Location – Sughd region, Panjakent district. On the border of the plains and mountains of Zarafshon valley, 15km west of Panjakent and 45km east of Samarqand.
As happens quite often, an accidental find gave impetus to a large discovery. It happened this way in 1976 when AshuraliTaylanov, a resident of Avazali village, after visiting a history museum in Panjakent, informed local archaeologists about his interesting find – a bronze axe, which he found not far from his home and which was very similar to the one he saw in the museum (a bronze axe which had been found in the late 19th century in Yor village, Panjakent district). .
Being interested in the local resident’s unusual find, scholars decided to research the area in which it was discovered in more detail. In 1977 Tajik archaeologists began a dig in a place which later became known as the site of the ancient agricultural settlement of Sarazm. French and American specialists joined the works in 1984. The word Sarazm has several etymological interpretations: a) sar-sabz, i.e. Sari-Sabza (“green beginning”). Perhaps, it refers to the valley that begins in Sarazm heading in the direction of the mountains, in which a variety of greeneries grow; b) from an Arabic word Sarrazm (“beginning of battle”). Residents of upper Zarafshon first met their enemies in Sarazm and fought back; c) from the Sogdian Sari-Zamin, (“beginning of the land”). Sarazm divides the Zarafshon valley into flat and mountainous parts.
The settlement consists of a hill 400-800m wide, stretching about 1.5km from east to west, situated on a terrace of the left bank of the River Zarafshon. The total area of the site is more than 100 hectares. In the northern and western parts there are now the villages of Sahibnazar
andGurach, and in the north-eastern part Avazali. Crops are grown on a significant portion of this site. The part of Sarazm which remains undisturbed is about 30 hectares.
Research gives grounds for the opinion that the ancient settlement existed here for about one and a half millennia from 3,400-2,000 B.C. Numerous houses, religious buildings and palaces were excavated in Sarazm. A great number of articles made of copper, bronze, lead, silver and gold, weaponry, and ornaments of the 4th-2nd millennium B.C. were found.
Some of the finds allow us to understand the rather high social status of women in the settlement at that time. In one burial ground opened by scholars a woman was found buried in clothes decorated with silver, turquoise, cornelian, lapis lazuli, and jasper beads. Her hair was decorated with gold beads, and her arms with massive bracelets made out of sea shells. All this wealth would not be found in the burial of a peasant. Agriculture, cattle-breeding, metal mining, blacksmithery and production of stone goods formed the basis for Sarazm’s economy. Judging by the large number of items related to metal-working found in this site you can conclude that Sarazm was one of the largest metallurgy centres of Central Asia. Fragments of casts, cast crucibles, smelting furnaces, massive tampers, ore-crushing hammers, and metal goods including axes, daggers, knives, lance-heads, pins, fishhooks, knitting needles, razors and decorations were found here.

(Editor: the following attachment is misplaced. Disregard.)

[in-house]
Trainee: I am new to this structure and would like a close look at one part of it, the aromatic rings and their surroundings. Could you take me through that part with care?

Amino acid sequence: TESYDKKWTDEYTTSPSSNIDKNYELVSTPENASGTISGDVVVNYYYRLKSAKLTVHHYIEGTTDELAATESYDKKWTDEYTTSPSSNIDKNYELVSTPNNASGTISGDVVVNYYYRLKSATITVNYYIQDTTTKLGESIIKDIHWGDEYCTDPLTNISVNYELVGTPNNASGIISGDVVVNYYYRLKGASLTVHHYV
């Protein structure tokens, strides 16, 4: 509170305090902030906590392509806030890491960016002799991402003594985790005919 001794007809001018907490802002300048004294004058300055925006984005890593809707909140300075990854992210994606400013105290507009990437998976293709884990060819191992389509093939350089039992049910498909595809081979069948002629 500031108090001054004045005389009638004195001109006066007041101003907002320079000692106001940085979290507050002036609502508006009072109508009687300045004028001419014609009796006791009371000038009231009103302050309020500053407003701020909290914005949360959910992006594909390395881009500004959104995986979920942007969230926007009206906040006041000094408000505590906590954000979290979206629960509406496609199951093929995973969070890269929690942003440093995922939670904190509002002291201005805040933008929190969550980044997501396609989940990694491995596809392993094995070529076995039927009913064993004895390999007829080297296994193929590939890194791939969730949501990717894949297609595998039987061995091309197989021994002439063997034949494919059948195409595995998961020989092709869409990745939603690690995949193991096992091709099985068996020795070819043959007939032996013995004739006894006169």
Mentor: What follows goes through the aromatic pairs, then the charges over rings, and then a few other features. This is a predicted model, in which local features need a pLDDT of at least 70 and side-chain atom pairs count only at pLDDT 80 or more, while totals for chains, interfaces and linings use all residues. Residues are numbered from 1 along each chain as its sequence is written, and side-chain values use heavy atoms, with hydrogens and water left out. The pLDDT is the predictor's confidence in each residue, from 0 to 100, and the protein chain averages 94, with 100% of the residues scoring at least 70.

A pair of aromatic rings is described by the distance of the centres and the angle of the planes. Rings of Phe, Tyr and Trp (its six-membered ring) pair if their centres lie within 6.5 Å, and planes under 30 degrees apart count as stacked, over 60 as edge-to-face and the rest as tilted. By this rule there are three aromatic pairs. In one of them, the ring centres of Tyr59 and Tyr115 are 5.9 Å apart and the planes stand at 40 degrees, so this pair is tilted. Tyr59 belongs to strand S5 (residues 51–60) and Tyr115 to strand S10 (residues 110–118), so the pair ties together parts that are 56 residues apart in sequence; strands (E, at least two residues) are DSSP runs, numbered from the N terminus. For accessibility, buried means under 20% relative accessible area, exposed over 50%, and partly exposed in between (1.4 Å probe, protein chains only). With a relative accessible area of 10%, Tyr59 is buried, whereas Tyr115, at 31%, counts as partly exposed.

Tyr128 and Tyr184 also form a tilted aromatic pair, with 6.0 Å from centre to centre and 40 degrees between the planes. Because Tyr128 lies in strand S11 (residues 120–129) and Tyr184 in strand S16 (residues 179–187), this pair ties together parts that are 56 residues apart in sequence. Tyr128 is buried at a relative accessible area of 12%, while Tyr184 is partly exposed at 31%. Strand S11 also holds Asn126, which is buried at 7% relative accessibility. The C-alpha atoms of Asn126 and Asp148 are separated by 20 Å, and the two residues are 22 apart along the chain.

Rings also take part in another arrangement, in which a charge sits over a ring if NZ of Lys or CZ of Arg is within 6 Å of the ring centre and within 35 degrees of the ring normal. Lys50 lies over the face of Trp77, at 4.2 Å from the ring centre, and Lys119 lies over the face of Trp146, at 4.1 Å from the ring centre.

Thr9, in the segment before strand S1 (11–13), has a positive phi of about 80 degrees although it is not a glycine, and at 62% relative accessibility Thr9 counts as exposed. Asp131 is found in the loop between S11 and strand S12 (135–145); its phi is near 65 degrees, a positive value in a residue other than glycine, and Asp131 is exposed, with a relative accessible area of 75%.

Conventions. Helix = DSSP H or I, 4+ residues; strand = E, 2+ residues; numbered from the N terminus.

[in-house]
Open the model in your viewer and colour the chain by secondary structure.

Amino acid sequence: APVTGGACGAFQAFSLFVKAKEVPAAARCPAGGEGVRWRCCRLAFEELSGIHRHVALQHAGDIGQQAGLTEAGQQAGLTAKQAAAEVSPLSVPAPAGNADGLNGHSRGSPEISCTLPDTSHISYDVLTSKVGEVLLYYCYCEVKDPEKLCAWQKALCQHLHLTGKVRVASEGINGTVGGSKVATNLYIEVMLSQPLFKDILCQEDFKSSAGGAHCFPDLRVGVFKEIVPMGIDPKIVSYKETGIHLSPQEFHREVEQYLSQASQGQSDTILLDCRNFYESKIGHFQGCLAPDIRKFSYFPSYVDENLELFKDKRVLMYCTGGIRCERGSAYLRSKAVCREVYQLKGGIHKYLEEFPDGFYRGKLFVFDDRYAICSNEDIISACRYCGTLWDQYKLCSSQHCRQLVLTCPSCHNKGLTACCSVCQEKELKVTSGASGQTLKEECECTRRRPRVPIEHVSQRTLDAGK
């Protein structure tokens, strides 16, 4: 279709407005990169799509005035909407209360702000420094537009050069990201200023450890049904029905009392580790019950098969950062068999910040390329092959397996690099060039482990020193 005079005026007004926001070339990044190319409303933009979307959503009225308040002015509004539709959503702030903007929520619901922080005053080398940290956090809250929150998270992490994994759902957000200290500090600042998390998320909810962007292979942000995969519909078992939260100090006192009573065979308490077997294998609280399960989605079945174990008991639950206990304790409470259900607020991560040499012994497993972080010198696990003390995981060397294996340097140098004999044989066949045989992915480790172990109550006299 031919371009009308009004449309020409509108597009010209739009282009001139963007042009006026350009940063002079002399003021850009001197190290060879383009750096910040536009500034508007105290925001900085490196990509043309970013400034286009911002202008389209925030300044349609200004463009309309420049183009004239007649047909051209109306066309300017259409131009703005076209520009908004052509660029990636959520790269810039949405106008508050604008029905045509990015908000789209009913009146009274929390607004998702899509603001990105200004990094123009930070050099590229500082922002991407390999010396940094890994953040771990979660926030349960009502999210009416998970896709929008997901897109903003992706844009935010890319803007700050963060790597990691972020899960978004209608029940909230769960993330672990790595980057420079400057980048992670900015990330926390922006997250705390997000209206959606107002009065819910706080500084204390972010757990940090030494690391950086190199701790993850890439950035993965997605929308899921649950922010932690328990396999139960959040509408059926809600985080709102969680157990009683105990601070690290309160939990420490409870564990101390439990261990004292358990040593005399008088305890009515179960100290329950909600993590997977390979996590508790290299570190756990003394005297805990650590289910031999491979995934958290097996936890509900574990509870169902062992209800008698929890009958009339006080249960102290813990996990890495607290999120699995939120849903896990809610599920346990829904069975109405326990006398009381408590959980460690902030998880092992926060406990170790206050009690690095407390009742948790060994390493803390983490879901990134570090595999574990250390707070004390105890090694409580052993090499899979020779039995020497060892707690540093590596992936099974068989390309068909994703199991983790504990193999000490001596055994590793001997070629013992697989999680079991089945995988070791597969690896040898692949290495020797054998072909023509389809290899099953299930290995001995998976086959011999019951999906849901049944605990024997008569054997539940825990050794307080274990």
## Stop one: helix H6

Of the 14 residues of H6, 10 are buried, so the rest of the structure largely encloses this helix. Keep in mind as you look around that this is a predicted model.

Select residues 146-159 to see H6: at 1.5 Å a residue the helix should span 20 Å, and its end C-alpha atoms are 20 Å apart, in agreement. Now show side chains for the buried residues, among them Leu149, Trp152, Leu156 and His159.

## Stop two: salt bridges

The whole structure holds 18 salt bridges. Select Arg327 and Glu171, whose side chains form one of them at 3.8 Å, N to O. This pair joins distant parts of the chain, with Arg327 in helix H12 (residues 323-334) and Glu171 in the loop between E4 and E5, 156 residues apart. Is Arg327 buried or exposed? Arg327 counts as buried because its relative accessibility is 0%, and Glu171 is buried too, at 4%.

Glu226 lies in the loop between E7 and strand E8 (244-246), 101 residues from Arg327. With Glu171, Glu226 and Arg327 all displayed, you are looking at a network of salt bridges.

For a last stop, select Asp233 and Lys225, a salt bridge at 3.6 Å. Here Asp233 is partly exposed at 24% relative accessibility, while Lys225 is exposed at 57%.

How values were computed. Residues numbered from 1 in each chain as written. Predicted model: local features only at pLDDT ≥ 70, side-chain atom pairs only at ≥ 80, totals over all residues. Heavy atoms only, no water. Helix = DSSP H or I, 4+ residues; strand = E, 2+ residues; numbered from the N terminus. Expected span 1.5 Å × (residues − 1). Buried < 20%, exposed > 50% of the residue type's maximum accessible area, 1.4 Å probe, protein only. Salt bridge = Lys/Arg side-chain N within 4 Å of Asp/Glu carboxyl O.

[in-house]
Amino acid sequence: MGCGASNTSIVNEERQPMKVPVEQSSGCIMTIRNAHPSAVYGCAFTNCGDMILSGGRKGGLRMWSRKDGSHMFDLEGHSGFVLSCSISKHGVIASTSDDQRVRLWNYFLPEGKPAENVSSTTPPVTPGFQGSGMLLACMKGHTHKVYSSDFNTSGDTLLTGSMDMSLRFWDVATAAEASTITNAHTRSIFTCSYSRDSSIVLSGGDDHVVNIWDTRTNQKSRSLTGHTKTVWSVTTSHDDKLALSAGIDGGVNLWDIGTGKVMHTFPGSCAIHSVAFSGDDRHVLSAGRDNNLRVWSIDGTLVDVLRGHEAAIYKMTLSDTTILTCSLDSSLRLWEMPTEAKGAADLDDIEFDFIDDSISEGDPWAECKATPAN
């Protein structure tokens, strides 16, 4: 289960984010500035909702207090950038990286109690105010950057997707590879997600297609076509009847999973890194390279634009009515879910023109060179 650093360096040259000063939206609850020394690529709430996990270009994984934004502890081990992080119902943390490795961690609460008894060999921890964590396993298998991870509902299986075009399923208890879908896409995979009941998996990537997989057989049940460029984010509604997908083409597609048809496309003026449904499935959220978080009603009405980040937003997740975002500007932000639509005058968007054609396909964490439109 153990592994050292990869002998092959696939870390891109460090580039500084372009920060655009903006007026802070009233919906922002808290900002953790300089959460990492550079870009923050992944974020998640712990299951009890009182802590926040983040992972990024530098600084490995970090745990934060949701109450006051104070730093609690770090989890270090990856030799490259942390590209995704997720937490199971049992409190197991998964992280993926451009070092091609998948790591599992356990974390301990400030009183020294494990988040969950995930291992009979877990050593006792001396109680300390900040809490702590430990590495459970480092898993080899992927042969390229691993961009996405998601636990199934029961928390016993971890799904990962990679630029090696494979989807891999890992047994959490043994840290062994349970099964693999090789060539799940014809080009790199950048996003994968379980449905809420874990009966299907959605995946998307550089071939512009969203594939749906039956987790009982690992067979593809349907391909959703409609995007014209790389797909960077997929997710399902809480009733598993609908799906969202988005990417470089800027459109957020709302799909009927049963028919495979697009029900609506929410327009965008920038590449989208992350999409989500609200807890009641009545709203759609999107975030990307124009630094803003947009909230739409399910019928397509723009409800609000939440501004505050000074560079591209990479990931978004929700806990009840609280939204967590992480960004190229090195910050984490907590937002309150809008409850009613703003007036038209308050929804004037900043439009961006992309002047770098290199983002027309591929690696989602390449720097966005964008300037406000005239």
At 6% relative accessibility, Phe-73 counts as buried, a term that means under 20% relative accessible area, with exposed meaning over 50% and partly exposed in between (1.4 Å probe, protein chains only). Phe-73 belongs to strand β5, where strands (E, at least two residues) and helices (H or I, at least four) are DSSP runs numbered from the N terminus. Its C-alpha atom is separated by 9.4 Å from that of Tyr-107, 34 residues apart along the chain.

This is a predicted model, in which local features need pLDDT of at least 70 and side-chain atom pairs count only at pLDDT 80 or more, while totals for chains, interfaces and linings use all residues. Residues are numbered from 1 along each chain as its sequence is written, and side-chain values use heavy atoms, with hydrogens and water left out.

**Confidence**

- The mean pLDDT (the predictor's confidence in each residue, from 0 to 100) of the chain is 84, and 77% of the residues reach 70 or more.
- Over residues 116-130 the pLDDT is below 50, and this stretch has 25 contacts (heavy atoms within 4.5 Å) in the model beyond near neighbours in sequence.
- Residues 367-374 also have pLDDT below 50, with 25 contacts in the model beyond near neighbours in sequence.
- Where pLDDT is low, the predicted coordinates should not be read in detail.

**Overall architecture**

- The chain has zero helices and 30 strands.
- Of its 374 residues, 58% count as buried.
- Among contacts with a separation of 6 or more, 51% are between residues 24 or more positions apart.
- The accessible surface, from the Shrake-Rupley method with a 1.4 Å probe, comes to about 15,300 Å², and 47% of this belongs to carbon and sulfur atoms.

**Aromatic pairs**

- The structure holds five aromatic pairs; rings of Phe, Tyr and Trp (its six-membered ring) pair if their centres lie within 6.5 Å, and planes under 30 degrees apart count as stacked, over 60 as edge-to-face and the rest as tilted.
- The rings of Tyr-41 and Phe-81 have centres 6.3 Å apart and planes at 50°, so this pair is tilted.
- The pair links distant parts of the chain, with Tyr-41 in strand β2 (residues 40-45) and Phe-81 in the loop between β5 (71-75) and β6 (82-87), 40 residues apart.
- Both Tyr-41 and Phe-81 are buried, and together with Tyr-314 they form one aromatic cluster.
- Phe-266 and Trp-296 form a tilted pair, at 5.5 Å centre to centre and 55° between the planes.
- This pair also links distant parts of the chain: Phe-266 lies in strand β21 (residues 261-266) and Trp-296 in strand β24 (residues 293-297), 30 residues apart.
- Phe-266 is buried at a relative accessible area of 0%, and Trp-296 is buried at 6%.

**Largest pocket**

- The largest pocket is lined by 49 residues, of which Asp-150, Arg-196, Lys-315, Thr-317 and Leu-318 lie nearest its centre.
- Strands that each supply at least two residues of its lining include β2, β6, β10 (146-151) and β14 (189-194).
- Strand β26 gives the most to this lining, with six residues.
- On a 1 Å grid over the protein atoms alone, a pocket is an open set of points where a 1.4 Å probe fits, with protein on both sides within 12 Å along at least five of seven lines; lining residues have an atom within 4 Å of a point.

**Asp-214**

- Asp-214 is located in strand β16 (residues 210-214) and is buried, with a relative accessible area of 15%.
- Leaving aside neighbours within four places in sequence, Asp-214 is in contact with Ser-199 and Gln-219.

Copper ore and other bronze production components were most likely home-produced from deposits situated 40–50km east of the site. Stone cutting was widely developed in this site. Beads and pendants made from agate, onyx, obsidian, lapis lazuli, turquoise, and cornelian found during a dig serve as evidence of the high level of this art. There were some unique finds among them, such as a stone baton with a rostral head and an opening for a rod and a clay stamp. Such stamps were found in some ancient monuments of Mesopotamia, Iran, Baluchistan (Pakistan) and India. A palace complex occupying more than 250m² and consisting of an entrance corridor, a lobby, two-three rooms and several auxiliary structures was excavated in Sarazm. All the buildings are connected by wide corridors with clay doorsills. In one of the complex walls there are windows for light and ventilation similar to those seen in bronze age monuments in South Turkmenistan, South Afghanistan and North Baluchistan. However, a distinctive feature of the Sarazm complex is the existence of circular altars in the centre of two of the rooms which do not exist in the other monuments. Perhaps it was not simply a palace but also a place for devotions.
Archaeologists always considered ceramics and particularly their method of production as one indicator of the level of development of primitive communities. Most ceramic goods found in Sarazm were hand-made and baked in furnaces nearby. Altogether 6 furnaces were discovered, in which 12 forms of containers (goblets, rummers, bowls, jugs, etc.) were baked, and this shows quite a high level of development of ceramics there. Some goods, mainly kitchenware, were decorated with paintings similar to those found on early agricultural ceramic artefacts from the Middle East, South Turkmenistan and Afghanistan.
All these many and various finds serve as evidence of the wide trade and cultural ties between the tribes that lived in the Upper Zarafshon valley and South-East Turkmenistan, South-East Aral area, the Middle East, and the Indus River valley tribes.